For this series of posts, I thought I would post in several installations a paper I wrote for a Badiou seminar I took this semester with John Protevi. Reading Being and Event was a real eye-opener for me. The depth and profundity of Badiou’s philosophy stunned me out of a dogmatic slumber. Prior to reading Being and Event, I had no appreciation for any ontology that wasn’t Heideggerian i.e. phenomenological in nature. The power of Badiou’s subtractive ontology is like a virus, infecting your mind.I think the exegetical style of the paper will be conducive for the blog format as I really didn’t attempt to do anything fancy with the text. I hope that people who are unfamiliar with Badiou’s work will give him a chance; I recommend starting with his Manifesto for Philosophy and then working your way up to Being and Event. Moreover, Peter Hallward’s book on Badiou was really helpful this semester; I highly recommend it. Anyway, I hope my readers will get something out of this, even if it is just an appreciation for an exotic style of thinking.
Operation of the Count
Badiou’s project in Being and Event starts with the fundamental decision that math is ontology. Moreover, math is thought in terms of the axiomatic set theory of Zermelo and Frankl. From within such a system, Badiou makes his central claim that the multiple is and the one is not. From this assertion, everything follows. Moreover, presentation – experience as such – is always the presentation of multiples, which are multiples of multiples, and so on ad infinitum. On the basis of this decision we can retroactively conclude that any “oneness” or unity in experience (such as seeing “a” coffee mug on the table) must always be the result of an operation. Badiou names this process the “count-as-one” operation. And because oneness is ruled to be a mere result in virtue of a metaontological decision, multiplicity is retroactively inferred to be that which is counted, the “stuff” structured in accordance with the counting operation. Moreover, what gets counted is inconsistent multiplicity and the result of the count upon this “material” of inconsistency is consistent multiplicity. A general motif for Badiou is order being counted out of the chaos and anonymity of the void. Accordingly, presentation is always structured in terms of this ordered consistency in virtue of the count. For Badiou, a structured presentation is a situation; presented multiplicity, by definition, is a situation.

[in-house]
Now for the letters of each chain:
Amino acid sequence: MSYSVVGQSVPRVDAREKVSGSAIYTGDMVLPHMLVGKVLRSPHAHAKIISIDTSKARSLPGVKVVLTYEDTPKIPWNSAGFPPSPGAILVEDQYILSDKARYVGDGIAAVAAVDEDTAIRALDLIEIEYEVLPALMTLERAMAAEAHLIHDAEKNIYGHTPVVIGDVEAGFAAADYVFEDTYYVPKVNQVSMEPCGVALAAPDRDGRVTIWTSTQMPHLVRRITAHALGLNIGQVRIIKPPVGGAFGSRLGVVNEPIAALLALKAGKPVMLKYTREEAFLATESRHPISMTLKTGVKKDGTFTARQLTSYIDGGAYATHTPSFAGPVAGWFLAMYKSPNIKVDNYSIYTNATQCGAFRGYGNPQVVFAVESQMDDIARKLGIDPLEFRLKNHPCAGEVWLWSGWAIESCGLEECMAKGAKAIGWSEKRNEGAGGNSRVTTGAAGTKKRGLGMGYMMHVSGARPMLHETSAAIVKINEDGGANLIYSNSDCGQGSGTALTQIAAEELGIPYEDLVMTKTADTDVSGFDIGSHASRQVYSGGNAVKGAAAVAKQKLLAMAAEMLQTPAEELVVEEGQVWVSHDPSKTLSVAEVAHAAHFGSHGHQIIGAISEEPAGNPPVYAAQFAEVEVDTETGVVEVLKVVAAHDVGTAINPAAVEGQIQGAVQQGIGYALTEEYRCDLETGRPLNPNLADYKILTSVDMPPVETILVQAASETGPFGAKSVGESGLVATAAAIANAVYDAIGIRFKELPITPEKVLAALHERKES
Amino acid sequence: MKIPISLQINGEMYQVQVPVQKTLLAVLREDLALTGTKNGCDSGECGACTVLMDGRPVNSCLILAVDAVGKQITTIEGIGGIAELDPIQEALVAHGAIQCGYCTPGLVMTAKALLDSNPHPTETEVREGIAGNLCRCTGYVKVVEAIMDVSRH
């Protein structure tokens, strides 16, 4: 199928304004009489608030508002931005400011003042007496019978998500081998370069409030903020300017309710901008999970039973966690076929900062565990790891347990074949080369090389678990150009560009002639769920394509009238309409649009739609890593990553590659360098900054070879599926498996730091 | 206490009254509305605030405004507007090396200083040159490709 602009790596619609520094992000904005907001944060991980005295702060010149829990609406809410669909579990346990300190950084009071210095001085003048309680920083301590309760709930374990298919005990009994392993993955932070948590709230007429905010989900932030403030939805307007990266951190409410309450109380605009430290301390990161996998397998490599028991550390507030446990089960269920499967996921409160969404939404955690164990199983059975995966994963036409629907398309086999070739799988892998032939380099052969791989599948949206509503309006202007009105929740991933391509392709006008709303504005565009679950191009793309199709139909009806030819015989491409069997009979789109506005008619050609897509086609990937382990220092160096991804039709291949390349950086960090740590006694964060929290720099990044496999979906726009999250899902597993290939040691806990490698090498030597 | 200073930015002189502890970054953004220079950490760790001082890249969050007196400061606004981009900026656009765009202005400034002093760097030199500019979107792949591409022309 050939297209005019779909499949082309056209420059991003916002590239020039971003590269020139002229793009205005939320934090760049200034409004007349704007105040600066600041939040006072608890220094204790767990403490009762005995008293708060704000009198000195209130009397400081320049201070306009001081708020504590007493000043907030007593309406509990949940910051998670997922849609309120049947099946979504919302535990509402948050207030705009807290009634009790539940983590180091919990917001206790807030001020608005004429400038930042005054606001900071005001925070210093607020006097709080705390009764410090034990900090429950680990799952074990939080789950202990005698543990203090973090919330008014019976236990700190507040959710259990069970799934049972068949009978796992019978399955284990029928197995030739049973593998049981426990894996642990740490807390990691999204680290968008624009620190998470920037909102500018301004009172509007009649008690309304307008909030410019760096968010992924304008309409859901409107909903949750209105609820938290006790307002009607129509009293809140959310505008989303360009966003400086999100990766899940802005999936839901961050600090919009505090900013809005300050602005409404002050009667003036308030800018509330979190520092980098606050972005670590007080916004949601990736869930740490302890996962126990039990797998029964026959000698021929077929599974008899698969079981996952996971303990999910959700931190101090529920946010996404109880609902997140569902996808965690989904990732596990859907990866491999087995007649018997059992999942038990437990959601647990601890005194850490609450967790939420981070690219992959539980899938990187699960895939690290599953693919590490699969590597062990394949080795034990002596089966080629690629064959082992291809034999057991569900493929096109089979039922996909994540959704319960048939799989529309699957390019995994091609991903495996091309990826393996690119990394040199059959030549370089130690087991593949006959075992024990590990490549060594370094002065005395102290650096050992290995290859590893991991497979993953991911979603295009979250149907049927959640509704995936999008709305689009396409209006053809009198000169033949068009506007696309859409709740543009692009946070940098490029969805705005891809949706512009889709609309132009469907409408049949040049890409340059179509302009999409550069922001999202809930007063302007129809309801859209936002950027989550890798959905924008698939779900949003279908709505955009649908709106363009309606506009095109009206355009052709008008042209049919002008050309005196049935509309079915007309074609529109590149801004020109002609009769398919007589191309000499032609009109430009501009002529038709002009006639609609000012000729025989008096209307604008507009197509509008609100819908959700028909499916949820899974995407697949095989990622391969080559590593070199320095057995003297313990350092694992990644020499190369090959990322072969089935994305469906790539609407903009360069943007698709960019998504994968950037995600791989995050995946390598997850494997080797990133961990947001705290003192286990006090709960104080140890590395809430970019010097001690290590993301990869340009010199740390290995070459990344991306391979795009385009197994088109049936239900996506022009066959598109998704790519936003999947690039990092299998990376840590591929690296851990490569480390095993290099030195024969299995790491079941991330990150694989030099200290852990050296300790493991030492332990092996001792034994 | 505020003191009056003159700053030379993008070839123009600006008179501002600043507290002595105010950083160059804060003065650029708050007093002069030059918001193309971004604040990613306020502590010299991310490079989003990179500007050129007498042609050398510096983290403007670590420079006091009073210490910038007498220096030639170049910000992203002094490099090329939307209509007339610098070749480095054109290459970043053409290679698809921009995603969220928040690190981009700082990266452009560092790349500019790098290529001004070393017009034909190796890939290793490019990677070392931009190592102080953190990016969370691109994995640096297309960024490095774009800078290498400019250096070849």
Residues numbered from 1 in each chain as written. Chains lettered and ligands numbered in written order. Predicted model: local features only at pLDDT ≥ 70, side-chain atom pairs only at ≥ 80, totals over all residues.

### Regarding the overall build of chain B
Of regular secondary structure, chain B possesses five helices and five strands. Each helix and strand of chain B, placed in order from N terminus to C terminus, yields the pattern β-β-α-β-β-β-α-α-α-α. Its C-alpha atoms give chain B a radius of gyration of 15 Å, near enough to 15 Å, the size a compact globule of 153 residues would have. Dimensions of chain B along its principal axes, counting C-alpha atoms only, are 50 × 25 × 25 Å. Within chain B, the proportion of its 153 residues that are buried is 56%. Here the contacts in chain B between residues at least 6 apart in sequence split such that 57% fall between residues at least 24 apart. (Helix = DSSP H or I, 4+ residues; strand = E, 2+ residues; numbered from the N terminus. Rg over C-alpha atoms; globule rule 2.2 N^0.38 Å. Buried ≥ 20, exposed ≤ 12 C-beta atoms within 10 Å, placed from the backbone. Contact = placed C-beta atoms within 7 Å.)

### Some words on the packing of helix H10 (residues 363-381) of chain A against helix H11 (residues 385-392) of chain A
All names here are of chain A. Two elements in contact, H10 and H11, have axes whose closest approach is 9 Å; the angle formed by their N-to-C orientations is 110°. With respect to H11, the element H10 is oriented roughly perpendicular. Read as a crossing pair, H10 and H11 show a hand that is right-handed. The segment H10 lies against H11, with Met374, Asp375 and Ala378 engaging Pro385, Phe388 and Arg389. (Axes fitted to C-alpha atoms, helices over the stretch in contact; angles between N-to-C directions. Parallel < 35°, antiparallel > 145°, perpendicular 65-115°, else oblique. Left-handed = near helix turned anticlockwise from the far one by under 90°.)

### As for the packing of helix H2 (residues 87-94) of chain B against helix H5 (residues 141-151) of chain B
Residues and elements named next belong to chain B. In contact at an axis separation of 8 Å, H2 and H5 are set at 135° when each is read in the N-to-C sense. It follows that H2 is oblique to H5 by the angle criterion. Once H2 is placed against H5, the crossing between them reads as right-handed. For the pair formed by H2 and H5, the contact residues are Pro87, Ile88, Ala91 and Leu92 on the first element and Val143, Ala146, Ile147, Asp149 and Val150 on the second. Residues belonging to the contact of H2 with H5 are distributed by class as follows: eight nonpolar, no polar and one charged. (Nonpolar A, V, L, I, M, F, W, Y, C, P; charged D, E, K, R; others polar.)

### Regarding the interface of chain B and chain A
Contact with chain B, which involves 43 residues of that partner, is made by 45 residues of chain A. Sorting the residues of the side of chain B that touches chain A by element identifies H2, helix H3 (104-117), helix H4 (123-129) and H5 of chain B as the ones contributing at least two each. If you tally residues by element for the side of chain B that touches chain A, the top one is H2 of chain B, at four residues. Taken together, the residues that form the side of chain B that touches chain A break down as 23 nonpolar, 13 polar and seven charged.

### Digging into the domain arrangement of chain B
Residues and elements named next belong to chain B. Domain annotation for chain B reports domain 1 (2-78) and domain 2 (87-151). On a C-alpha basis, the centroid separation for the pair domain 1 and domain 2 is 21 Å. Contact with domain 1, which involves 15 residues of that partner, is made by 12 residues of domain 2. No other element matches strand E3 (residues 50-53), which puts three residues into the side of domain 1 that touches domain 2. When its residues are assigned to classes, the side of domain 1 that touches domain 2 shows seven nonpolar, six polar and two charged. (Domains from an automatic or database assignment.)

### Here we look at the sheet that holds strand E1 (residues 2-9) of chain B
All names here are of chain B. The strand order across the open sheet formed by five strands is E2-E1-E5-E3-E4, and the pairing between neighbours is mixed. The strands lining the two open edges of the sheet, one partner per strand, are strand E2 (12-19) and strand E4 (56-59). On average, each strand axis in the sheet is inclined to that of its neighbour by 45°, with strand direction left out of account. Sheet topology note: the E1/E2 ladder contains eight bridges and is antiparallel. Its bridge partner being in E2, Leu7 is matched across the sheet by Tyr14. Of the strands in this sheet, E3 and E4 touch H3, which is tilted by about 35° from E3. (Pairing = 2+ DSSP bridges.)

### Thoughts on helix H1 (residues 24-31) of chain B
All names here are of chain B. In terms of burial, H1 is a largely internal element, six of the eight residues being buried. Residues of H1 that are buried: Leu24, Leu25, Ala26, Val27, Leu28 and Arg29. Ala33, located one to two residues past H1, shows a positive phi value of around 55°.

However, it must be made clear that, strictly speaking, we cannot ontologically claim that what is counted (being itself) really is multiple because “being is neither one (because only presentation itself is pertinent to the count-as-one), nor multiple (because the multiple is solely the regime of the presentation)” (BE 24). It is only upon the logical realization that oneness is the result of an experiential operation that we are able to conclude multiplicity is prior to the count. Indeed, “The multiple is retroactively legible therein as anterior to the one, insofar as the count-as-one is always a result” (ibid.). Thus, we see that for Badiou, presentation (experience) is always structured; we never experience pure inconsistency except ontologically, that is, mathematically. Within the ontological discourse of being qua being, presentation itself is presented, and subsequently, counted-as-one. This count-of-the-count is the state of the situation, or metastructure. Accordingly, since ontology (presentation of presentation) is structured by the count, it itself is a situation. Nothing (literally) escapes the count-as-one operation.
Moreover, Badiou says that the connection between structured presentation (the resulting situation after the count) and the inconsistent multiplicity (“pure being”) is the void. “The void of a situation is the suture to its being [inconsistent multiplicity]” (BE 526). Consequently, the void is that which can be presented of the inconsistent multiplicity, which, it turns out, is literally nothing (since any “thingness” would be the result of the counting operation). The void is subtracted from the count in the sense that it is the “Non-one of any count-as-one” (ibid.). Although the void is not presented within the situation, it can nevertheless be presented (asserted) within ontological discourse as what avoids, or is subtracted from, the count, designated (marked) as “Ø”. Indeed, besides his declaration that the one is not, the Axiom of the Void is the only existential assertion Badiou infers from axiomatic set theory. From this null set, we can build everything. But because ontological discourse only applies to presented multiplicity, and presented multiplicity is always the result of a counting operation, we literally have nothing to say about that-which-is-presented (retroactively designated as pure multiplicity). Pure being (multiplicity) is thus based on nothing (the void) and our only recourse is to present this situation formally through ontological discourse i.e. formally present presentation itself.